Trump told Puerto Ricans they could be "proud" more people did not die in Hurricane Maria as had in a "real catastrophe." In a trip to the island, he also called rescue workers' efforts "nothing short of a miracle."
In a statement made during his visit to San Juan, Puerto Rico, President Donald Trump said that the US territory could be "very proud" of the low death count in the aftermath of Hurricane Maria, which slammed the island two weeks ago. He simultaneously implied that the natural disaster that killed 34 people, left millions without power and many without food and water was not a "real catastrophe."
"If you look at a real catastrophe like Katrina and you look at the tremendous hundreds and hundreds of people that died and you look at what happened here with a storm that was just totally overpowering, nobody's ever seen anything like this," the president said. His comments came before a Puerto Rico official more than doubled the death toll from 16 to 34.
Hurricane Katrina killed 1,836 people in the United States in 2005.
Trump also pointed out that the hurricane damage in Puerto Rico required the US to spend federal money on disaster relief.
"Now I hate to tell you, Puerto Rico, but you've thrown our budget a little out of whack because we've spent a lot of money on Puerto Rico," Trump said. "And that's fine. We've saved a lot of lives."
The White House is preparing to ask Congress to approve a request for $29 billion (24.6 billion euros) in disaster aid for people affected by the hurricanes that hit Puerto Rico, Florida and Texas.
Trump's visit to the island was intended to quell criticism of the US government's response to Maria's devastating toll on the island. Puerto Ricans have accused Trump's government of a delayed response and of treating the island's 3.4 million inhabitants as second-class citizens. Trump, in turn, has blamed local leaders for the slow recovery.
The president's five-hour-long trip to the island drew mixed responses from US and Puerto Rican politicians.
"I don't remember the president telling Texas that they threw our budget out of whack after Harvey, or Florida after Irma," top Senate Democrat Chuck Schumer said, referring to hurricanes that hit the US mainland in 2017.
San Juan Mayor Carmen Yulin Cruz, who had engaged in a Twitter spat with Trump at the end of September, tweeted that the president's visit had been "productive" and expressed optimism about improved communication with White House staff.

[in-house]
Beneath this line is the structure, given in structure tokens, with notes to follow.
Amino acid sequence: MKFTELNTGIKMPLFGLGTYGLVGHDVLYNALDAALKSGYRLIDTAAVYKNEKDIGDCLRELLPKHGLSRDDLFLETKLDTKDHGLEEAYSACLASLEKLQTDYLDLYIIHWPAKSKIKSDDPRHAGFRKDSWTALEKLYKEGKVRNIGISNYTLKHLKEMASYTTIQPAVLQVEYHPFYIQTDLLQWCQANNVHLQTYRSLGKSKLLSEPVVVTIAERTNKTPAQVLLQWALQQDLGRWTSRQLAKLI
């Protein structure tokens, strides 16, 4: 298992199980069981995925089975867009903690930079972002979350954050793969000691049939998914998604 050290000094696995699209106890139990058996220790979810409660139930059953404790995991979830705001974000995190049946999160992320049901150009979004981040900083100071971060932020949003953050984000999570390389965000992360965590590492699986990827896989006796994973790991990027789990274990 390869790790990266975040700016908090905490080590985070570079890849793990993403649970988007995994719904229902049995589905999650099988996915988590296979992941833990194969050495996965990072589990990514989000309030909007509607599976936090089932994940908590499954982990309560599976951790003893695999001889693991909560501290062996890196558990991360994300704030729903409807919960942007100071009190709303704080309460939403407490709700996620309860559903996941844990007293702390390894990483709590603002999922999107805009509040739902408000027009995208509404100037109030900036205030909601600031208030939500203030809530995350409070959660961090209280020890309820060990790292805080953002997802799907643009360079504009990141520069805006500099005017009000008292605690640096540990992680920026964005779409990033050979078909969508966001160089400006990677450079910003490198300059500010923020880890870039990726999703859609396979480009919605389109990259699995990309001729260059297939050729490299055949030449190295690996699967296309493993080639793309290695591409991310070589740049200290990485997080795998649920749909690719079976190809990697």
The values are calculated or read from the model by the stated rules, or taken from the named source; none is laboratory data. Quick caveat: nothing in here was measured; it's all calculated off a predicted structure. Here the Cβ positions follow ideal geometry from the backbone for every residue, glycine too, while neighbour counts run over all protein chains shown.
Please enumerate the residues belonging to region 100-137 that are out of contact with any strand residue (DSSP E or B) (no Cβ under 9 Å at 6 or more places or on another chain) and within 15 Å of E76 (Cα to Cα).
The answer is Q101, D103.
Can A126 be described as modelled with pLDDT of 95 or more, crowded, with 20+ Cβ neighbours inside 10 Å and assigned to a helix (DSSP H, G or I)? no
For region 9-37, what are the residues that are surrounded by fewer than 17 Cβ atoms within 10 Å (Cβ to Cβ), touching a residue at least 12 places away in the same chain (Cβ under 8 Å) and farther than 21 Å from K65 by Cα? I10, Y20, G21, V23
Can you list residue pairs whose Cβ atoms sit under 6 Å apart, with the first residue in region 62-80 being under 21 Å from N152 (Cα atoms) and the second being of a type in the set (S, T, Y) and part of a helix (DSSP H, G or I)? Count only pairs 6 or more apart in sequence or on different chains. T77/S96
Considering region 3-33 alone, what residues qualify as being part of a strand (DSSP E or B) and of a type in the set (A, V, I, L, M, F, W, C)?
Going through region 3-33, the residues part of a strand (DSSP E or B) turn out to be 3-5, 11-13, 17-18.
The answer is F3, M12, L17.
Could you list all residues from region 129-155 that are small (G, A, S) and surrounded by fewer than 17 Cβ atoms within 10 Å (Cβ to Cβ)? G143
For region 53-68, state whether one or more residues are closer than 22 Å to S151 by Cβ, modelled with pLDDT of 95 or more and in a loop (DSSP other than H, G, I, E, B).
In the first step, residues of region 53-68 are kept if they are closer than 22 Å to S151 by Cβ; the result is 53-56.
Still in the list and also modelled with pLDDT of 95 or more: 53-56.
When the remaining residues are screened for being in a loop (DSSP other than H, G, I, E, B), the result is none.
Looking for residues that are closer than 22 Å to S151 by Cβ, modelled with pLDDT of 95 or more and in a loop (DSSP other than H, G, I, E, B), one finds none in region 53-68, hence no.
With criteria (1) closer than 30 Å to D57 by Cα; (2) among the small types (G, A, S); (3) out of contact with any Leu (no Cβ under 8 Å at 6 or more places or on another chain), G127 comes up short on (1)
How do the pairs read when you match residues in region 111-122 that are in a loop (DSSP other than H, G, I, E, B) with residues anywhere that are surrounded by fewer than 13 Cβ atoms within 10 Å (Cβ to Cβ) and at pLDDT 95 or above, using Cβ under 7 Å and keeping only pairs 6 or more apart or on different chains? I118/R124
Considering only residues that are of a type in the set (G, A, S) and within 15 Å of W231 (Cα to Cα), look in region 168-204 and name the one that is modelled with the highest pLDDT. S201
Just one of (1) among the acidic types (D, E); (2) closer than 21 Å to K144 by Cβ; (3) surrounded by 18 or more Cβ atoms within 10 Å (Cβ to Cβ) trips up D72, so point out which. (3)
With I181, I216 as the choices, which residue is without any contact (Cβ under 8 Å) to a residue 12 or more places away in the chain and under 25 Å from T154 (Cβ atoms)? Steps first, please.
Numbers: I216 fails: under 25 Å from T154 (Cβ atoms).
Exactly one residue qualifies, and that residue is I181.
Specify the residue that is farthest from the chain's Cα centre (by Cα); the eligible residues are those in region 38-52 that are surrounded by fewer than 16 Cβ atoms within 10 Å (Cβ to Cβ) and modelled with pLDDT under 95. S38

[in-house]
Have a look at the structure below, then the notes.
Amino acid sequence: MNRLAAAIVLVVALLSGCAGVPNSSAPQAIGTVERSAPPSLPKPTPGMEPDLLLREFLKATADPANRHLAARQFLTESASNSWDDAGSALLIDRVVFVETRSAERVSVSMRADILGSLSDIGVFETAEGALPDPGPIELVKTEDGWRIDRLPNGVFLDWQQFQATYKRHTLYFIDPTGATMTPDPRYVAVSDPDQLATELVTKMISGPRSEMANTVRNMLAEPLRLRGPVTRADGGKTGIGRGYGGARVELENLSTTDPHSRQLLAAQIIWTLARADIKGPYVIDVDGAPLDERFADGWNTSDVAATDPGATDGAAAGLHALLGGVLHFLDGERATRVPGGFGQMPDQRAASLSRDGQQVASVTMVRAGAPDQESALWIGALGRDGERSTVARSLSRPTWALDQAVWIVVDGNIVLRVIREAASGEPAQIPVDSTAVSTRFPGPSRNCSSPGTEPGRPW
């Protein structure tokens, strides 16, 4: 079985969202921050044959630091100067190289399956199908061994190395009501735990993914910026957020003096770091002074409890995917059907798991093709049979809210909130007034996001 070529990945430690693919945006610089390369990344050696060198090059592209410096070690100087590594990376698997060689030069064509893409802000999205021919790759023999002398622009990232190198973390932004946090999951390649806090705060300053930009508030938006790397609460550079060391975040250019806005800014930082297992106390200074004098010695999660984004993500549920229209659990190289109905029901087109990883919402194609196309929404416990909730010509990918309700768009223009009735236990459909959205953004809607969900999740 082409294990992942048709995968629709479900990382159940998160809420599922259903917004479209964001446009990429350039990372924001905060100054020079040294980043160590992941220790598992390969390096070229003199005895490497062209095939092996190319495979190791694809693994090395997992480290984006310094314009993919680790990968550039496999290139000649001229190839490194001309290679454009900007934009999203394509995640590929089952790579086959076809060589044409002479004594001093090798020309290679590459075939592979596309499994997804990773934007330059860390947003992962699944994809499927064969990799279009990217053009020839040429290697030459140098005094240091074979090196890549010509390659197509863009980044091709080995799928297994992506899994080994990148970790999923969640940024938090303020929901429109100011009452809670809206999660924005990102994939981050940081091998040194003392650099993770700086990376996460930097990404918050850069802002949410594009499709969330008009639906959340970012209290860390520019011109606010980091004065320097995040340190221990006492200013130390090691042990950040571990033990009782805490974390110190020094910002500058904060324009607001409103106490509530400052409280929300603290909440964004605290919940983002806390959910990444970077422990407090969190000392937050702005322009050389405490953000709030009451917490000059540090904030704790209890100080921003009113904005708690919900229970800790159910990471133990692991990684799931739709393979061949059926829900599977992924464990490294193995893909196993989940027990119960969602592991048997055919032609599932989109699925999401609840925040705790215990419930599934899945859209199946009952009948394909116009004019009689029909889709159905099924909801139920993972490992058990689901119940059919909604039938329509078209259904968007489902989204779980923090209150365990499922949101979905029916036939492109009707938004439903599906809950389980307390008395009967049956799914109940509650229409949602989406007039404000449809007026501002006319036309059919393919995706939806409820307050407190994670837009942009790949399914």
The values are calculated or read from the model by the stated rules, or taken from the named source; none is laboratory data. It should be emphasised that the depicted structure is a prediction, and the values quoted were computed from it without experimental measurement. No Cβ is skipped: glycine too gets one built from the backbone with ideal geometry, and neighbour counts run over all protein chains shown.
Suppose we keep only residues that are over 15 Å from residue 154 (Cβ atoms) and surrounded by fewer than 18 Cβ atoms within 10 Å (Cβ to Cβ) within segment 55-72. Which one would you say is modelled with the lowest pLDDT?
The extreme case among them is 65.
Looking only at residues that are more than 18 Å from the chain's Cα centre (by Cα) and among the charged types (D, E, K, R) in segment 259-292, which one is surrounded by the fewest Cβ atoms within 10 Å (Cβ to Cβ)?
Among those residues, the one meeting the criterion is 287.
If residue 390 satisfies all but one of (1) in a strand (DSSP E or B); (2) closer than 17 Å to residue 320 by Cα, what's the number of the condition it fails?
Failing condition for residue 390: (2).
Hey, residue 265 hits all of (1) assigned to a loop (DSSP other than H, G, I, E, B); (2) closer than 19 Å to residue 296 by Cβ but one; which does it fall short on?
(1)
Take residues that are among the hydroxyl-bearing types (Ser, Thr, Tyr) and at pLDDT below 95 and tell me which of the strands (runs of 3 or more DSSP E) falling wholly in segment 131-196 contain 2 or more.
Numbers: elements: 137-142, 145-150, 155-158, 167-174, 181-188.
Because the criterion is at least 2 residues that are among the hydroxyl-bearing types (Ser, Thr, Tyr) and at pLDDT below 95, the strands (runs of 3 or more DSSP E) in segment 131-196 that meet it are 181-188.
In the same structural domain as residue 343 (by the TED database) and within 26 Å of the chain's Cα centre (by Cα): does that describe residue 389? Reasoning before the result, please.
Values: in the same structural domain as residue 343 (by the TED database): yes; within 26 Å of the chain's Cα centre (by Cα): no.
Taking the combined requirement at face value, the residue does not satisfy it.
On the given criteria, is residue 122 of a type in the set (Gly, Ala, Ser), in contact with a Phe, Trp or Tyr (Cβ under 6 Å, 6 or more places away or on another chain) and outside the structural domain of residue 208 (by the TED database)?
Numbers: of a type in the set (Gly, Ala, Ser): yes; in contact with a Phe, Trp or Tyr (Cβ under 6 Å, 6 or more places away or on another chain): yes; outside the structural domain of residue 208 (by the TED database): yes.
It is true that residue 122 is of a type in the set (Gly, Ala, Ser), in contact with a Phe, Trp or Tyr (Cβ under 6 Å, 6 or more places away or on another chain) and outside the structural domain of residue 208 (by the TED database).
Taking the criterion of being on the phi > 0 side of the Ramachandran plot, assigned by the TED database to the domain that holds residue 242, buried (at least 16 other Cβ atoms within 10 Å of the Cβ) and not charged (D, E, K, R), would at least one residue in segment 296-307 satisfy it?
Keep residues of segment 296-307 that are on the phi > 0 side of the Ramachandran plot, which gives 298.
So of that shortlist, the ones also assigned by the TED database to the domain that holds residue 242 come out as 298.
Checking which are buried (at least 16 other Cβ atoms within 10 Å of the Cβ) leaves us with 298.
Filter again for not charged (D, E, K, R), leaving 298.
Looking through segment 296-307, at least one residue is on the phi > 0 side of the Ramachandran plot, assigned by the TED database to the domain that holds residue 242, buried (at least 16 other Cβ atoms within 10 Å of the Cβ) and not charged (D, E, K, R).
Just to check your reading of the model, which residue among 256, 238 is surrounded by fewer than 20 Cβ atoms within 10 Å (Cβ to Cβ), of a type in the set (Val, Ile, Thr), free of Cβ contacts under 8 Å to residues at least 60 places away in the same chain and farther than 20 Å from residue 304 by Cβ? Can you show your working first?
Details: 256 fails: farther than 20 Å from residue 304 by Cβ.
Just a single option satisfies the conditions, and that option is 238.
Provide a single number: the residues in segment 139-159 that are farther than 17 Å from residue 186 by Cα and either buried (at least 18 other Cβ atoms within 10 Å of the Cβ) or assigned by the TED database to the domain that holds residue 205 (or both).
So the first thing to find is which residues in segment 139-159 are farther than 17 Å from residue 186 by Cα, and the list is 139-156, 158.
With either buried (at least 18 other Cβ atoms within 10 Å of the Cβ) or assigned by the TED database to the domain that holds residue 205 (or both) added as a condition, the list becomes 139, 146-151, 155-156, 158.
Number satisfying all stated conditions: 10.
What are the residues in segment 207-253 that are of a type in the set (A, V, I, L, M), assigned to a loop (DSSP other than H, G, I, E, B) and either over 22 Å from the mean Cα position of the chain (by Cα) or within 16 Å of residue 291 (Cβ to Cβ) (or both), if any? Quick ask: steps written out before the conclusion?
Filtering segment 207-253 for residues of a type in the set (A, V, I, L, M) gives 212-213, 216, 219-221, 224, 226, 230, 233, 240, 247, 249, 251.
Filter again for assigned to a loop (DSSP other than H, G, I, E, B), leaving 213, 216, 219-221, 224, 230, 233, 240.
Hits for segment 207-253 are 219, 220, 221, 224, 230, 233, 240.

However, in an interview with CNN, Cruz also labeled Trump as the "miscommunicator-in-chief."
A whirlwind tour of a wind-whirled island
After the president and first lady Melania Trump arrived at Muniz Air National Guard Base, some 14 kilometers (8.7 miles) east of San Juan, Trump toured the well-off suburb of Guaynabo, which escaped Hurricane Maria's powerful winds and lashing rain relatively unscathed. Trump met with residents and inquired about their homes, most of which are made of more sturdy materials than in poorer neighborhoods.
Moody's rating agency on Tuesday estimated Maria’s total cost to Puerto Rico, including lost output, at $45 billion to $95 billion and significant relief from the federal government would be required.
When asked about the many people still without power, food and water, Trump praised rescue workers' efforts, "Again the job that's been done here is really nothing short of a miracle."
AP reported that in the nearby neighborhood of Playita, residents have yet to see federal emergency officials since Maria made landfall on Puerto Rico on September 20 and are still struggling to clean up housing debris and sewage.
Around a dozen protestors stood outside San Juan's Convention Center, where the government headquarters its recovery operations and which is near to the base Trump visited.
Still, other Puerto Rican residents praised the president for his visit.
"We've never had a president who's visited after a disaster like this," 70-year-old Playita resident Lucy Falero told AP. "One has to congratulate the president for his motivation."
cmb/sms (AFP, AP)